You can't even drive free software without a license

IT organizations need to understand open source licensing, just because

Software licensing in general, and open source licensing in particular, is poorly understood. I was reminded of this last week when speaking on a panel to a group of investors and entrepreneurs, the value of whose companies depends on protection of their intellectual property. Increasingly, IT organizations too are coming to appreciate how critical it is to know the origins and licensing of the software they are deploying. Nascent industry standardization efforts will make sharing license information easier for all.

As with a car, you can't drive anyone's software without a license. Software is protected by copyright, and the presumption is that only the owner may use it unless they give you permission. A license provides that permission under conditions and with obligations defined by the owner.

The tricky part about open source is that it's extremely easy to get permission to use it. OSS licenses are designed to propagate the software readily. Your company essentially agrees to the obligations without signing piece of paper, just by using the software. It reminds me of my daughter clicking a free offer that ended in my paying for five magazine subscriptions.

James Markwith, an attorney for GE, was also on last week's panel. His sage advice is that you should think of open source as a subset of third party software. You would never use commercial software without understanding its licensing; that applies equally to open source.

But even commercial software is no longer straightforward. What if it contains open source code and your vendor hasn't properly met their obligations? It means you are not properly licensed to run that software. Who can stop you? Well, maybe a court. There is not a lot of precedent, however in theory, an injunction could ruin your day. But aren't you protected by your vendor's license? Maybe to an extent, but maybe not. And, even with vendor indemnification more than one big company has been dragged into a lawsuit.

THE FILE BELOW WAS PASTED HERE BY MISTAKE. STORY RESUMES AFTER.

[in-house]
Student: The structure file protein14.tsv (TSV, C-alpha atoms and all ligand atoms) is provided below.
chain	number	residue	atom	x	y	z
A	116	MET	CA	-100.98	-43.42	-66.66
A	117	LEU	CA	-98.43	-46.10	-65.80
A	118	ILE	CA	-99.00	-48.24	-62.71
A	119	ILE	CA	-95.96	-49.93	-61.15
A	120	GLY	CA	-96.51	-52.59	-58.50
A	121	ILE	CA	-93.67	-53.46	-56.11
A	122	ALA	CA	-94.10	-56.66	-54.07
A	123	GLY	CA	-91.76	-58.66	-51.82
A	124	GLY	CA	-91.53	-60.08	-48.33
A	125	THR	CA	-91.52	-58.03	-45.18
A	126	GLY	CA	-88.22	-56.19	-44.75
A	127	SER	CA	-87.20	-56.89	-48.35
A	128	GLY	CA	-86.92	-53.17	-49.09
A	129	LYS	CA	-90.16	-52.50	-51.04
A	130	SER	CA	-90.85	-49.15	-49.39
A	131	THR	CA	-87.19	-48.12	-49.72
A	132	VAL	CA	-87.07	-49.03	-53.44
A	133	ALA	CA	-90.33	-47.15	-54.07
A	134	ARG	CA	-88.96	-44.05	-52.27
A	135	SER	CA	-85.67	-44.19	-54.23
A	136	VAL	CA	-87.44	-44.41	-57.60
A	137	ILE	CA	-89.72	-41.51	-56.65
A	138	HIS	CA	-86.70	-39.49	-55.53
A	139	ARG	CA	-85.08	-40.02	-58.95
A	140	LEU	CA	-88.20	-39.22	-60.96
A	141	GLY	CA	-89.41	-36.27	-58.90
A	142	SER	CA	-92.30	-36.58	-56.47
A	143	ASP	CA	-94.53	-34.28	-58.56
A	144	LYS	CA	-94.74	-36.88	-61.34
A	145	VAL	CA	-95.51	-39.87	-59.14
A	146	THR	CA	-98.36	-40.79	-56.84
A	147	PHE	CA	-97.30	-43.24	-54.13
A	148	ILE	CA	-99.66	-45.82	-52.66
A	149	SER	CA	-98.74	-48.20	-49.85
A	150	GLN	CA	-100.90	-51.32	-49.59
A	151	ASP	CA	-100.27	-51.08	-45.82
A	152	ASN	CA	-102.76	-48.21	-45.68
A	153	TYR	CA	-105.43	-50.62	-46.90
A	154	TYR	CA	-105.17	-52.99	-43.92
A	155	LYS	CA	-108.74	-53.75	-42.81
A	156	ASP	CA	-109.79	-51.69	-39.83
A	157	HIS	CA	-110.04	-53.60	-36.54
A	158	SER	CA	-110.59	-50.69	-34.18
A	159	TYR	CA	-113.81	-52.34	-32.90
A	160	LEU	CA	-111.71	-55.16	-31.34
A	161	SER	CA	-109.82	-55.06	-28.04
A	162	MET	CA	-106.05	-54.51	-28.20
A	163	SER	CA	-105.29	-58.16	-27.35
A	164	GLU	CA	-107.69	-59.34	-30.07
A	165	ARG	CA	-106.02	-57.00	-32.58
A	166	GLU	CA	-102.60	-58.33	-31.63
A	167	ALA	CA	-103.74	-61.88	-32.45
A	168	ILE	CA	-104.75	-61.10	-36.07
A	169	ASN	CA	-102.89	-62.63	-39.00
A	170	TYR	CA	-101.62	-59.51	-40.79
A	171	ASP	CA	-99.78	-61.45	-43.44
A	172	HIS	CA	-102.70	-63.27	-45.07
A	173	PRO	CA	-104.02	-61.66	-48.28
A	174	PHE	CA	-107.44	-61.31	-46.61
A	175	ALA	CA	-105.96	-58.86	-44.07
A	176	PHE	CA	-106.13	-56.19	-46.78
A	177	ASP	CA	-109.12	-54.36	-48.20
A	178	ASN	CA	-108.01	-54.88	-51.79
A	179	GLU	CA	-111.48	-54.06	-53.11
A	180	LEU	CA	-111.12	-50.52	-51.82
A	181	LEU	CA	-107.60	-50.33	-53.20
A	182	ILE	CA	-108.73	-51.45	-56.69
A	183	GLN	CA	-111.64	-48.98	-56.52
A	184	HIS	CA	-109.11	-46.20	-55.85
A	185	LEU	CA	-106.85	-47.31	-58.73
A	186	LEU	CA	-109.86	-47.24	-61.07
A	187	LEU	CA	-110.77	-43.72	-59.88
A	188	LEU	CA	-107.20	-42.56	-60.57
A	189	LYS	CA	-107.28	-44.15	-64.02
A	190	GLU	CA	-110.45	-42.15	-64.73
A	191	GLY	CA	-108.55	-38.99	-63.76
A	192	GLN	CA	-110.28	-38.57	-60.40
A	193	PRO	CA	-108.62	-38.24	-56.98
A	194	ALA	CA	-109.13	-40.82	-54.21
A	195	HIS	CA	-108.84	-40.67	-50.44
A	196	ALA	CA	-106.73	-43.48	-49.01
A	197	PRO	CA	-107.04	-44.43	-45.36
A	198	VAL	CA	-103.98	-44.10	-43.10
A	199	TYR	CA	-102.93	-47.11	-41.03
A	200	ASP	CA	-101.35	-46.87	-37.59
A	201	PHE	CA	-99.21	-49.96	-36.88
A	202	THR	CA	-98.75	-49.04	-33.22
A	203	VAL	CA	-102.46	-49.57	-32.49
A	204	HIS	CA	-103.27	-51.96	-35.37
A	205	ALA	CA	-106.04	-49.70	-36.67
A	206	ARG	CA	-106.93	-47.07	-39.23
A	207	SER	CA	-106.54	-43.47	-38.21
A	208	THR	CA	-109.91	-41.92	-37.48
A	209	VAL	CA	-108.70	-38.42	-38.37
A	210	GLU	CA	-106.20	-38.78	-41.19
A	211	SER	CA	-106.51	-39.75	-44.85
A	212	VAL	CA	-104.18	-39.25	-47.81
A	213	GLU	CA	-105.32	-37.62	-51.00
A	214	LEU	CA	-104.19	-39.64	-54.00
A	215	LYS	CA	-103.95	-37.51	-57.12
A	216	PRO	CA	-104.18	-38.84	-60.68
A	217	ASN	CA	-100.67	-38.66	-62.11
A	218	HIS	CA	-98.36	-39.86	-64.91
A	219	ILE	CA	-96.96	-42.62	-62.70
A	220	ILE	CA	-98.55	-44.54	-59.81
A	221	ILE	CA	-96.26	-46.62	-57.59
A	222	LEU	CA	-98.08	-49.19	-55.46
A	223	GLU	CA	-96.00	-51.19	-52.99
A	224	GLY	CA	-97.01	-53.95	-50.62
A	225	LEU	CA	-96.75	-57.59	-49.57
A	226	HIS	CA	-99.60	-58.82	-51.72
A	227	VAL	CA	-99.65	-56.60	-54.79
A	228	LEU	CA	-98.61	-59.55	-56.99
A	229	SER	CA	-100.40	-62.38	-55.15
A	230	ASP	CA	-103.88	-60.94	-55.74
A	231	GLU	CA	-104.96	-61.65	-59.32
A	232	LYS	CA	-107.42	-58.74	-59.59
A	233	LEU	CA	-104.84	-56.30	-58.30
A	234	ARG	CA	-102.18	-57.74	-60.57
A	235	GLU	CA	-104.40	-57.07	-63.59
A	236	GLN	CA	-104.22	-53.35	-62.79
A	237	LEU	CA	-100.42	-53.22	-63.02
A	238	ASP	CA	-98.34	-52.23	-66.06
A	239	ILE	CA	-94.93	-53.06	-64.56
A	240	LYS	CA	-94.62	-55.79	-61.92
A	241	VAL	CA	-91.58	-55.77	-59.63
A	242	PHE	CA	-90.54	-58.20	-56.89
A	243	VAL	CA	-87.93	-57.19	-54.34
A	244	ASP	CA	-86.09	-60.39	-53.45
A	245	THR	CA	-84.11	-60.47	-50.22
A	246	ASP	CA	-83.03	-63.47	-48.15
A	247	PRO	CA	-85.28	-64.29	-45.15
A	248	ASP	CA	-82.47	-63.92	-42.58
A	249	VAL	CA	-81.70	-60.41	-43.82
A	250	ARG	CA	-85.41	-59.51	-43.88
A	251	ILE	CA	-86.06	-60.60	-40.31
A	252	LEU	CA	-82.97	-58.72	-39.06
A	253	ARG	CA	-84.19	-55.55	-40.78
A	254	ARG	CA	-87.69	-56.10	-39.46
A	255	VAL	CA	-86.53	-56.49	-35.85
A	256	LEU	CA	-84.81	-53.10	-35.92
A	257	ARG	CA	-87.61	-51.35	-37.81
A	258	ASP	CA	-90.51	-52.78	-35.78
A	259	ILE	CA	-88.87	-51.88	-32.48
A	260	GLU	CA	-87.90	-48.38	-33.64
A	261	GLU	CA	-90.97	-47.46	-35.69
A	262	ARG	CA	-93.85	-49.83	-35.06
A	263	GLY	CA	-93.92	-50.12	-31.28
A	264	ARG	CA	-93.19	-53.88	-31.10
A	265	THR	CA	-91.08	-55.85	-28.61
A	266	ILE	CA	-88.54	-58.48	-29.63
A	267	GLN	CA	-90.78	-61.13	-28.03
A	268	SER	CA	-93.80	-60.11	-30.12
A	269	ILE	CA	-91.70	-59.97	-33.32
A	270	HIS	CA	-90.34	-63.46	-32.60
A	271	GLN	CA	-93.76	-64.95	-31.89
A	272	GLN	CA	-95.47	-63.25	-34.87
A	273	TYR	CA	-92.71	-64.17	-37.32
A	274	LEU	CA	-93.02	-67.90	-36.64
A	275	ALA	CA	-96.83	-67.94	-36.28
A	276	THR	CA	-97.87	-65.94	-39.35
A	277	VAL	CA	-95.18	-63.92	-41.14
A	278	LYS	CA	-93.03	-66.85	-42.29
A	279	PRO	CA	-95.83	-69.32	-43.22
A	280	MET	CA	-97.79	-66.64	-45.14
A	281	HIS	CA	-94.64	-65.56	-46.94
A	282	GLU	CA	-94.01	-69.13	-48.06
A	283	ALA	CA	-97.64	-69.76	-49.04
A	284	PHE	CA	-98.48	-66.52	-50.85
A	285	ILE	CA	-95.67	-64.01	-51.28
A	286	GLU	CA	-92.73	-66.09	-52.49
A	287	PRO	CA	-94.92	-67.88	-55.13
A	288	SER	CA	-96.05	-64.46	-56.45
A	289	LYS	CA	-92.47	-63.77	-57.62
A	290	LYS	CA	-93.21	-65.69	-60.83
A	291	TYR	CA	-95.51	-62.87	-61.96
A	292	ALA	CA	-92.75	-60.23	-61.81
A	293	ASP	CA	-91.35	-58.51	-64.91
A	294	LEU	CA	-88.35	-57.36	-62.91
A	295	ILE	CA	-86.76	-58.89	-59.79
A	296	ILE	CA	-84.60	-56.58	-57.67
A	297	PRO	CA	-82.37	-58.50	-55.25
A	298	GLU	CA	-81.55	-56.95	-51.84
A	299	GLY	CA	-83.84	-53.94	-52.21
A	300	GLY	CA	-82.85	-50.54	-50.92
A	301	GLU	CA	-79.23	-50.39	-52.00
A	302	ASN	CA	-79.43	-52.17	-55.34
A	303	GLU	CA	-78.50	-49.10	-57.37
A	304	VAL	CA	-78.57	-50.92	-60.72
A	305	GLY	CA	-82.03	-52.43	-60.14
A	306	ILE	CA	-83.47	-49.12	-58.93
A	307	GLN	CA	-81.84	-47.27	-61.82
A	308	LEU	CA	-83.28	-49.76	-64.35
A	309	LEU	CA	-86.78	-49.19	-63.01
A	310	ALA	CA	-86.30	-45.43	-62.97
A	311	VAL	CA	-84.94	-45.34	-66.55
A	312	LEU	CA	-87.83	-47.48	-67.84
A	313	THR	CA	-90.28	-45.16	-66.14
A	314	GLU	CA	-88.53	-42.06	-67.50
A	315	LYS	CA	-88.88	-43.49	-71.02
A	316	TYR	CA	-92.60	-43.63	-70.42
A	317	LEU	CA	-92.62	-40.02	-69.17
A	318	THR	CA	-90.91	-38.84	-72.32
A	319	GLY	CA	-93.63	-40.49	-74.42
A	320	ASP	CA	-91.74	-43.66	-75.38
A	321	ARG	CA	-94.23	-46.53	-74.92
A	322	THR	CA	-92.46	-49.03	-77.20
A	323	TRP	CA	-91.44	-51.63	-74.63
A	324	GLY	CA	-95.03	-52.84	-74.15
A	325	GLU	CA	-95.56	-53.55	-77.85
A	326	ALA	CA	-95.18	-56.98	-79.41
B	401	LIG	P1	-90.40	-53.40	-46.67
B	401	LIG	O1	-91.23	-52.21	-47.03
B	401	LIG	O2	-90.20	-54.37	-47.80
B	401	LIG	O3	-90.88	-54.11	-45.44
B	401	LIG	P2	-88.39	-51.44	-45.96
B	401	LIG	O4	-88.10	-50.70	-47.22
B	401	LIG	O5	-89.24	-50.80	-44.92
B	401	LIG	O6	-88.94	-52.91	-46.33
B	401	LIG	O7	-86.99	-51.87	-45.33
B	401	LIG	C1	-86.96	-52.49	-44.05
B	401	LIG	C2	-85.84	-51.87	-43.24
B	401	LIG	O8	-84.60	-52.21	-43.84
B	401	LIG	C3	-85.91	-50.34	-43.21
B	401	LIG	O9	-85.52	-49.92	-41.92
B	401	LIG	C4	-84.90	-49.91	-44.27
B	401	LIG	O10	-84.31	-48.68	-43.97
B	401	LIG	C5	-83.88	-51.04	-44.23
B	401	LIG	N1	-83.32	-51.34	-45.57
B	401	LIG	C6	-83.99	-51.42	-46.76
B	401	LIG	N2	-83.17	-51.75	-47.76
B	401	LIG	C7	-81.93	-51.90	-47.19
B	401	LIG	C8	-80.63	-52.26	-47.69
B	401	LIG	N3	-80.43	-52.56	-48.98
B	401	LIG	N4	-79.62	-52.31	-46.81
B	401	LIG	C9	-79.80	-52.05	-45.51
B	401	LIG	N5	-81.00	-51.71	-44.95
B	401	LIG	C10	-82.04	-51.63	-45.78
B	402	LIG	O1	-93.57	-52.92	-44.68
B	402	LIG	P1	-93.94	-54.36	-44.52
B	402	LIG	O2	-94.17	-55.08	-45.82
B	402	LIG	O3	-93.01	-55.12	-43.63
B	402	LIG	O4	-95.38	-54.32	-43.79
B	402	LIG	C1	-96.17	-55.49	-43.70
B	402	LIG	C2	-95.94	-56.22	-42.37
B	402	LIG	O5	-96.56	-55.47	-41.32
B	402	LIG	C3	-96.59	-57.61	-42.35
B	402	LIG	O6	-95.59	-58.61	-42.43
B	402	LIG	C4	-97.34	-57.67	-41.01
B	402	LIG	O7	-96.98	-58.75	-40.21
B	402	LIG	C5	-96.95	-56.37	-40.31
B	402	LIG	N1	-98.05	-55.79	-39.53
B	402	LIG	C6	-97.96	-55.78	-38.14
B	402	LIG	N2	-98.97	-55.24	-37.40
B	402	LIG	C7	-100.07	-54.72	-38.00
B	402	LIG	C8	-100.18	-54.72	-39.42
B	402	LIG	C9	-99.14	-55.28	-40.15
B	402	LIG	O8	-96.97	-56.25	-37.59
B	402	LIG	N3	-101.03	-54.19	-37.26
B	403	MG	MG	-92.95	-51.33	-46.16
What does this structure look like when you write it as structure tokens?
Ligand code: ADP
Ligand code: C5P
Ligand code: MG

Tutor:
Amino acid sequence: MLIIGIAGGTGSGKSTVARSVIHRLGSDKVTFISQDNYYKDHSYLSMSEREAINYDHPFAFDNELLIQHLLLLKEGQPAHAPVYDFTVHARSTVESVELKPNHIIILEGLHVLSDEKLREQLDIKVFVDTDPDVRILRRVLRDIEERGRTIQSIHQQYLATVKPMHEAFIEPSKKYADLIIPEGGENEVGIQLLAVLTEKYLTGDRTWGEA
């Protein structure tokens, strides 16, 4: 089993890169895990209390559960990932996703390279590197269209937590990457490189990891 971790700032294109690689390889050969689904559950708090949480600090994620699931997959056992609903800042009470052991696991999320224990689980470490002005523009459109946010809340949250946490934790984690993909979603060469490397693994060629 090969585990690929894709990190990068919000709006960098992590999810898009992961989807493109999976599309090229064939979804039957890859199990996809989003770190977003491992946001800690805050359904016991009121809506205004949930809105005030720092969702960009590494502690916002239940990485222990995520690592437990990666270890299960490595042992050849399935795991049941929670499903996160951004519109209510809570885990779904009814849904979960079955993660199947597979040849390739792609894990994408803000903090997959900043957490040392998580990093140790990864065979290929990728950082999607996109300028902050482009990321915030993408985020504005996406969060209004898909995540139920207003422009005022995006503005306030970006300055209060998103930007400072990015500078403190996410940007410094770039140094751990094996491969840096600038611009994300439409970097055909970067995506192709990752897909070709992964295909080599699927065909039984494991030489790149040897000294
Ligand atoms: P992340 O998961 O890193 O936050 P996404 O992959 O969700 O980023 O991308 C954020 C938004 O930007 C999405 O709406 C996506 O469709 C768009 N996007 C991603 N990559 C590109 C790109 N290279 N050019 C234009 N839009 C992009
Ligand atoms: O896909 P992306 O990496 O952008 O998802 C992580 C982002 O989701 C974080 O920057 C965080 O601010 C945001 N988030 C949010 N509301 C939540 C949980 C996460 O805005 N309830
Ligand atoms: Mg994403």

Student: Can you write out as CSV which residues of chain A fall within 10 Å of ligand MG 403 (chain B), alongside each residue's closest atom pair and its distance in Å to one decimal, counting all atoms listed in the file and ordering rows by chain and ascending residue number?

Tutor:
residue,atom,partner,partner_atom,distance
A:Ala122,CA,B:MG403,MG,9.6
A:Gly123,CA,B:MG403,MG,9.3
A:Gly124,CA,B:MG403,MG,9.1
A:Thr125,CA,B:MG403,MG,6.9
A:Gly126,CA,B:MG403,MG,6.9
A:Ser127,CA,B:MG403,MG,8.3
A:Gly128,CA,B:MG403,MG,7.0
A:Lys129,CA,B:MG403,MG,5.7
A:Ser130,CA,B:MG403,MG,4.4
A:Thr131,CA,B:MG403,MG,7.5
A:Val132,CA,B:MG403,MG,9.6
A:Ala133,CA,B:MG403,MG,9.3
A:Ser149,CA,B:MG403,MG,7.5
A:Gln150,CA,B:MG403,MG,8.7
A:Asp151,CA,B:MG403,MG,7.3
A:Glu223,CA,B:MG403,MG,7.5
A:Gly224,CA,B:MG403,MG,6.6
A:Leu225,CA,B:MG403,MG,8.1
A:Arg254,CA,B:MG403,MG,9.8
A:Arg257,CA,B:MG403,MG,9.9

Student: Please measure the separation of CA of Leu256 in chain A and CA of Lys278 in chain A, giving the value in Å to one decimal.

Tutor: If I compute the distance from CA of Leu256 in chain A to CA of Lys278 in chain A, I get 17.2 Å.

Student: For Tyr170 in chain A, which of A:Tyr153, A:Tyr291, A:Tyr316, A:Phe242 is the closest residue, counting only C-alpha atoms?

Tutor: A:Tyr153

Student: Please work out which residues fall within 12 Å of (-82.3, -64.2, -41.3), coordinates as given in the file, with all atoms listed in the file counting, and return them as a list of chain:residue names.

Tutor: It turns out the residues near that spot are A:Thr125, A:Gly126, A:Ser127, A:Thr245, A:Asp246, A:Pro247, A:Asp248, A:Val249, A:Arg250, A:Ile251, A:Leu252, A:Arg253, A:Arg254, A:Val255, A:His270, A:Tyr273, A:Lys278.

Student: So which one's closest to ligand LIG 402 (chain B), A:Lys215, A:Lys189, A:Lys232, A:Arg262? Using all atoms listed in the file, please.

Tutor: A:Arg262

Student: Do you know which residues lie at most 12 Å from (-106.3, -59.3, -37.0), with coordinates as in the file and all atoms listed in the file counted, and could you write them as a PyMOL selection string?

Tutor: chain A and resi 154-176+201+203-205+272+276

There may not be a huge risk of getting caught nor the downside catastrophic, but on the other hand, your company probably wants to respect software IP and license requirements. Karen Copenhaver, attorney for the Linux Foundation, said at a recent summit, "Whereas two years ago companies were looking to do the minimum possible to comply, today they believe that how they handle licensing reflects on their reputation."

There are lots of good reasons to do the right thing. For your internal development, that means understanding what open source components are being deployed and the associated licensing obligations. For commercial or outsourced applications, you should be asking your suppliers for a Bill of Materials and associated licenses.

Today the lack of reporting standards puts a burden on vendors, but the industry is addressing this. I'm co-chairing the Software Package Data Exchange working group of FOSSBazaar, part of the Linux Foundation. We are developing a standard way to describe all of the licensing information that applies to a software package. This will provide guidance to and ease the burden on suppliers, and ultimately make it easier for everyone to do the right thing. More on that in a future blog.

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